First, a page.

• FDA to Begin Revamping the 510(k) Medical Device Review Program
  • February 3, 2011 | Authors: Dianne J. Bourque; Ellyn L. Sternfield
  • Law Firms: Mintz, Levin, Cohn, Ferris, Glovsky and Popeo, P.C. - Boston Office ; Mintz, Levin, Cohn, Ferris, Glovsky and Popeo, P.C. - Washington Office
  • In September 2009, the Food and Drug Administration (FDA) Center for Devices and Radiological Health (CDRH) established both the 510(k) Working Group and the Task Force on the Utilization of Science in Regulatory Decision Making to address a myriad of concerns over whether the operation of the 510(k) program was in fact predictable for medical device manufacturers, facilitated medical device innovation, and protected public health and safety. In August 2010, the working group and task force issued preliminary reports recommending a total of 55 changes to the 510(k) program. The FDA invited public and industry comment on the reports.

    On January 19, 2011, the FDA announced that during the comment period it received feedback on each of the 55 recommendations; some of the recommendations received broad support, some received support with a suggested modification or caveat, and on some there were significant reservations. As a result, the FDA further announced that it planned to begin implementing 25 of the recommendations on which there was support, or support with some modification, focusing initially on recommendations that, per the FDA, will have the greatest impact on either fostering medical device innovation, enhancing regulatory predictability, or improving patient safety. Several of the remaining recommendations are being referred to the Institute of Medicine for feedback. Some will be implemented at a later point, after further consideration or modification.

    Significantly, the FDA announcement indicated that the more controversial of the August 2010 recommendations—such as the creation of new device classifications for which additional evaluation is necessary for 510(k) clearance, the creation of grounds for full or partial rescission of 510(k) clearance, and the creation of authority for the FDA to consider off-label usage in certain circumstances when determining “intended use” of a device under 510(k) review—were put off, at least until the Institute of Medicine review, which is expected in the summer of 2011.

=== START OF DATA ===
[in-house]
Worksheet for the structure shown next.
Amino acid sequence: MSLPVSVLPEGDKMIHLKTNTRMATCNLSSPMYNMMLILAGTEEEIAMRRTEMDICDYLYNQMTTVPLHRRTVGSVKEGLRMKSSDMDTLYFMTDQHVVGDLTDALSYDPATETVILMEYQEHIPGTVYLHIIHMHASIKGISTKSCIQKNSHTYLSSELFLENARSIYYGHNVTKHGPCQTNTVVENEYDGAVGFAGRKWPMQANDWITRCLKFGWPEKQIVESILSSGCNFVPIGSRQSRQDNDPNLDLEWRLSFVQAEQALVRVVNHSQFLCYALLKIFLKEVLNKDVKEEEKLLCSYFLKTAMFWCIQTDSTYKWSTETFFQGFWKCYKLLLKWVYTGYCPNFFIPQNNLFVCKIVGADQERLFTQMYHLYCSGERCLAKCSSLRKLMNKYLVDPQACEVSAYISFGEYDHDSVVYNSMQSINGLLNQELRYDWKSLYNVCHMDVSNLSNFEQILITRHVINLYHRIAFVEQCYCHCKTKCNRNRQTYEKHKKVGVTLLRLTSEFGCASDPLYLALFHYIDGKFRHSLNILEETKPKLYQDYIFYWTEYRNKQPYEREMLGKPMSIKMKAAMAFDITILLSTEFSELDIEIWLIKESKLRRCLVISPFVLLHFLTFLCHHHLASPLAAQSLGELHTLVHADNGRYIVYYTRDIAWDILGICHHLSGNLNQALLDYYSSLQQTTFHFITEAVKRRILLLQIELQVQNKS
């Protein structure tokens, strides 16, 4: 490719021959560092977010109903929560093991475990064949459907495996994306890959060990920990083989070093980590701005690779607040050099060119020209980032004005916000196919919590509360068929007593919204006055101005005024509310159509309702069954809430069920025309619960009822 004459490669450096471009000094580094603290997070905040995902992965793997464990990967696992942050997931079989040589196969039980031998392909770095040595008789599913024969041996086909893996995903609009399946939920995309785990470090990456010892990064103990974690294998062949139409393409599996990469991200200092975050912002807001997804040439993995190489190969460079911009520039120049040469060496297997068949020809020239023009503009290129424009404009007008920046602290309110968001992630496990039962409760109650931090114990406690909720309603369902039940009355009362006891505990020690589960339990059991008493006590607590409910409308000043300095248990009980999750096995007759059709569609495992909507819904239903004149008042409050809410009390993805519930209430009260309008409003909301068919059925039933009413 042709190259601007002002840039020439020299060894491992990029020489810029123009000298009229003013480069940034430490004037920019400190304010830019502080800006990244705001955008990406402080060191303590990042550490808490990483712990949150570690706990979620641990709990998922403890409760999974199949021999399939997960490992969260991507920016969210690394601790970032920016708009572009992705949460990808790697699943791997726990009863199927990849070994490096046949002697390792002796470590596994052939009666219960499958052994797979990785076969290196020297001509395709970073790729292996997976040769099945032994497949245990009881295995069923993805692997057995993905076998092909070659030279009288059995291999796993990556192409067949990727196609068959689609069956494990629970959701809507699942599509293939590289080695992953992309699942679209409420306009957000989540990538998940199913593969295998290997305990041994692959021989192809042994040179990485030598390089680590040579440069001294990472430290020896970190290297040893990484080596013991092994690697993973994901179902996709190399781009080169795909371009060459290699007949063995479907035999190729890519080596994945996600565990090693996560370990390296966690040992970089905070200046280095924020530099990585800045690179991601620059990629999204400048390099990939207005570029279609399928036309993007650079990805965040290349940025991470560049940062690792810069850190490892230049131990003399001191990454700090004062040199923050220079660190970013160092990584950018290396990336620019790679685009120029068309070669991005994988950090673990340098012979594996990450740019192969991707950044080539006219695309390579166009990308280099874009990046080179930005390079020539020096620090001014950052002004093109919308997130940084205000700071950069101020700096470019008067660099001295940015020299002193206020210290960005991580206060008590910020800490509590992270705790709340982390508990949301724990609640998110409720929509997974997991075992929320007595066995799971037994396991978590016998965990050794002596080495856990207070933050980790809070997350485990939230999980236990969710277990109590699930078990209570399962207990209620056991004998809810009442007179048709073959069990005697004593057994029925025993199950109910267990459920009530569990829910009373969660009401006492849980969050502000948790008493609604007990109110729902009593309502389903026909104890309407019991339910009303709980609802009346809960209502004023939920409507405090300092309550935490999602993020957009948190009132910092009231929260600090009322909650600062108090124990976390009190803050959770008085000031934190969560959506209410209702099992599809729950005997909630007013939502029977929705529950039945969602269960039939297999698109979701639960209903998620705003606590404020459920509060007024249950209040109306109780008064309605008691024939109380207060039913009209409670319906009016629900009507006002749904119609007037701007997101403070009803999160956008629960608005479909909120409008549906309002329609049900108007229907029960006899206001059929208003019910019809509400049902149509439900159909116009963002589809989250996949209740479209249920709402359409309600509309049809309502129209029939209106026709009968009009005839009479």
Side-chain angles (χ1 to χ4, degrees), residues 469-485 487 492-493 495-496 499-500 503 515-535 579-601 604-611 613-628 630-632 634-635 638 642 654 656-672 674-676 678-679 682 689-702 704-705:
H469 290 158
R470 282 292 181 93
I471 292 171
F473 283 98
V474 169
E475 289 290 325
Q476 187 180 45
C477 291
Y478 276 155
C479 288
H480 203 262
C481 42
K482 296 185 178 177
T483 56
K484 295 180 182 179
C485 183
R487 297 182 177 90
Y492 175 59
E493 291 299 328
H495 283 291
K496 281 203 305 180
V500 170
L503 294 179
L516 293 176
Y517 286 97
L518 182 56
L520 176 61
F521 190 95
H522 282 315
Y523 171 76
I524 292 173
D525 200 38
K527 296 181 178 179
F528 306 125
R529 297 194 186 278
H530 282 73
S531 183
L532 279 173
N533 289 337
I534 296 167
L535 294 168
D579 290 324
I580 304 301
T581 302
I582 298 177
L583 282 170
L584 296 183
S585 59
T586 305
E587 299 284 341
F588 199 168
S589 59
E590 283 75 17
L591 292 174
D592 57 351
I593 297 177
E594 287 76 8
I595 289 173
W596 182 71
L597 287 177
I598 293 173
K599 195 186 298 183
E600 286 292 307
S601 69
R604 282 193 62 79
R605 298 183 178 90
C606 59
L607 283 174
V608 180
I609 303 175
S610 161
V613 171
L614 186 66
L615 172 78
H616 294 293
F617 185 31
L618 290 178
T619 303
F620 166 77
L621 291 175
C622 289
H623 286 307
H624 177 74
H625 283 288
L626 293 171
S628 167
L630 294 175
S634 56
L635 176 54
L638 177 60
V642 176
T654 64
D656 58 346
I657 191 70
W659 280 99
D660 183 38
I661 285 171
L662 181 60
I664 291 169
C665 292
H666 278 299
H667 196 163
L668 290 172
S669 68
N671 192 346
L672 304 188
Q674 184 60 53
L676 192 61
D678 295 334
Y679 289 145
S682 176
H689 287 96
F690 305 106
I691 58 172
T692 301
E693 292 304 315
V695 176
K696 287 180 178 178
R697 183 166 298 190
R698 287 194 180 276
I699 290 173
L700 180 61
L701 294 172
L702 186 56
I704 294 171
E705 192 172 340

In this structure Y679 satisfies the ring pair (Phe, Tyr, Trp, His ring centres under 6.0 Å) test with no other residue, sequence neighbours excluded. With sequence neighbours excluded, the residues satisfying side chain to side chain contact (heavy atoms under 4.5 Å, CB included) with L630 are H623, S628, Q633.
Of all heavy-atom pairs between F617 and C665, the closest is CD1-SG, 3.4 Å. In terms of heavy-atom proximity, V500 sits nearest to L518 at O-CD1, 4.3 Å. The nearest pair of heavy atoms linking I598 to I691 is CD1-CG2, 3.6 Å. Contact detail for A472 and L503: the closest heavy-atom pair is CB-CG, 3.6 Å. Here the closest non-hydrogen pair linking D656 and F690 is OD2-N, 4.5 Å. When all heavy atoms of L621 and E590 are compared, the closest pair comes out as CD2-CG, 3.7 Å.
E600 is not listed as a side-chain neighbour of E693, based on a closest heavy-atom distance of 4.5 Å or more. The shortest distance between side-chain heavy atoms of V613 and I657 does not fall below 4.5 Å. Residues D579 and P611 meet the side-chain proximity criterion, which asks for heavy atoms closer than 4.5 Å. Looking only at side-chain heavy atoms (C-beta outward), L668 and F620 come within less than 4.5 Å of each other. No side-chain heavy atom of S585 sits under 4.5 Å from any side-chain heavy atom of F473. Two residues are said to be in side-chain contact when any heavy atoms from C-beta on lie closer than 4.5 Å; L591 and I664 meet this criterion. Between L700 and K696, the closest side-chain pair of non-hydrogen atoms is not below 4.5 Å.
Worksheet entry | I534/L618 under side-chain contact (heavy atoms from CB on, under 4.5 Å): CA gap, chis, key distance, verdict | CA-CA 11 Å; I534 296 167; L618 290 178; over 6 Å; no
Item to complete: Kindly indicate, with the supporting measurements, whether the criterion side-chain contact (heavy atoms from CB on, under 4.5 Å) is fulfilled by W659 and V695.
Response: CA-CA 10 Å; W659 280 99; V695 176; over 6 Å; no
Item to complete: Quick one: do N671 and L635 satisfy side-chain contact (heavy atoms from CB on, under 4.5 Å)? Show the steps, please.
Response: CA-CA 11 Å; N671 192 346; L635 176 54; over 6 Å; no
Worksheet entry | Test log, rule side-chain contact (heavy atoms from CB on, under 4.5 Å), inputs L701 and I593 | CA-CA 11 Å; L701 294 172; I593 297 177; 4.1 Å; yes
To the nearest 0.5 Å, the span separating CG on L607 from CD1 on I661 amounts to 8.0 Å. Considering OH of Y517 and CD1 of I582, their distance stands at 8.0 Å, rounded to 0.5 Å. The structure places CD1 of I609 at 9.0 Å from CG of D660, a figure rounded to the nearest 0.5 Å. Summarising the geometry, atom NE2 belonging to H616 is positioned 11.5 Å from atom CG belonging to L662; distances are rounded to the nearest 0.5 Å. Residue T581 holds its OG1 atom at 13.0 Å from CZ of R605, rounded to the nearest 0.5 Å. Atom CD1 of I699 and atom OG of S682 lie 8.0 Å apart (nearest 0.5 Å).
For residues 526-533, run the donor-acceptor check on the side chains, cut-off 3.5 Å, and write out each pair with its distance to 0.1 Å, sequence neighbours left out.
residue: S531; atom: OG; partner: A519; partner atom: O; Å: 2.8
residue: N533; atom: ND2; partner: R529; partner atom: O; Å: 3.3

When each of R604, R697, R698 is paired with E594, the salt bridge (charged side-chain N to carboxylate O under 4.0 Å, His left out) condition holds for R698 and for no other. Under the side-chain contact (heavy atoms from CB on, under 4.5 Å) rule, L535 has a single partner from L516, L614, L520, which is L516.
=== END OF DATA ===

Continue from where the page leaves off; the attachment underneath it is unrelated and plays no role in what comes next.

The initial changes being implemented within the next year are generally designed to increase both the efficiency and transparency of the review process. These include enhanced training and professional development for CDRH staff, enhanced internal processes for knowledge sharing amongst CDRH staff, the development of standardized procedures and/or guidance for both staff and industry, improvement of data sources, clarifying the circumstances and processes for clinical data requests, and increased use of outside reviewers/experts. 

    But the implementation plan the FDA published on January 19, 2011, illustrates the timetable is staggered. The first recommendations to be implemented include instituting a pilot program using an “assurance case” framework for 510(k) submission (by March 31, 2011); developing and posting a charter for a Center Science Council to oversee development of business processes, operating procedures, and review mechanisms (by March 31, 2011); and holding a public meeting on development of an online labeling repository and a public database for photographs (April 7¿8, 2011). Key dates include the completion of draft guidance for 510(k) modifications (by June 15, 2011), completion of draft guidance for clinical trials (by July 31, 2011), and selecting a platform for a new adverse event database (by June 30, 2011).

    The FDA is soliciting questions, as well as feedback, on the published Plan of Action for the Implementation of 510(k) and Science Recommendations.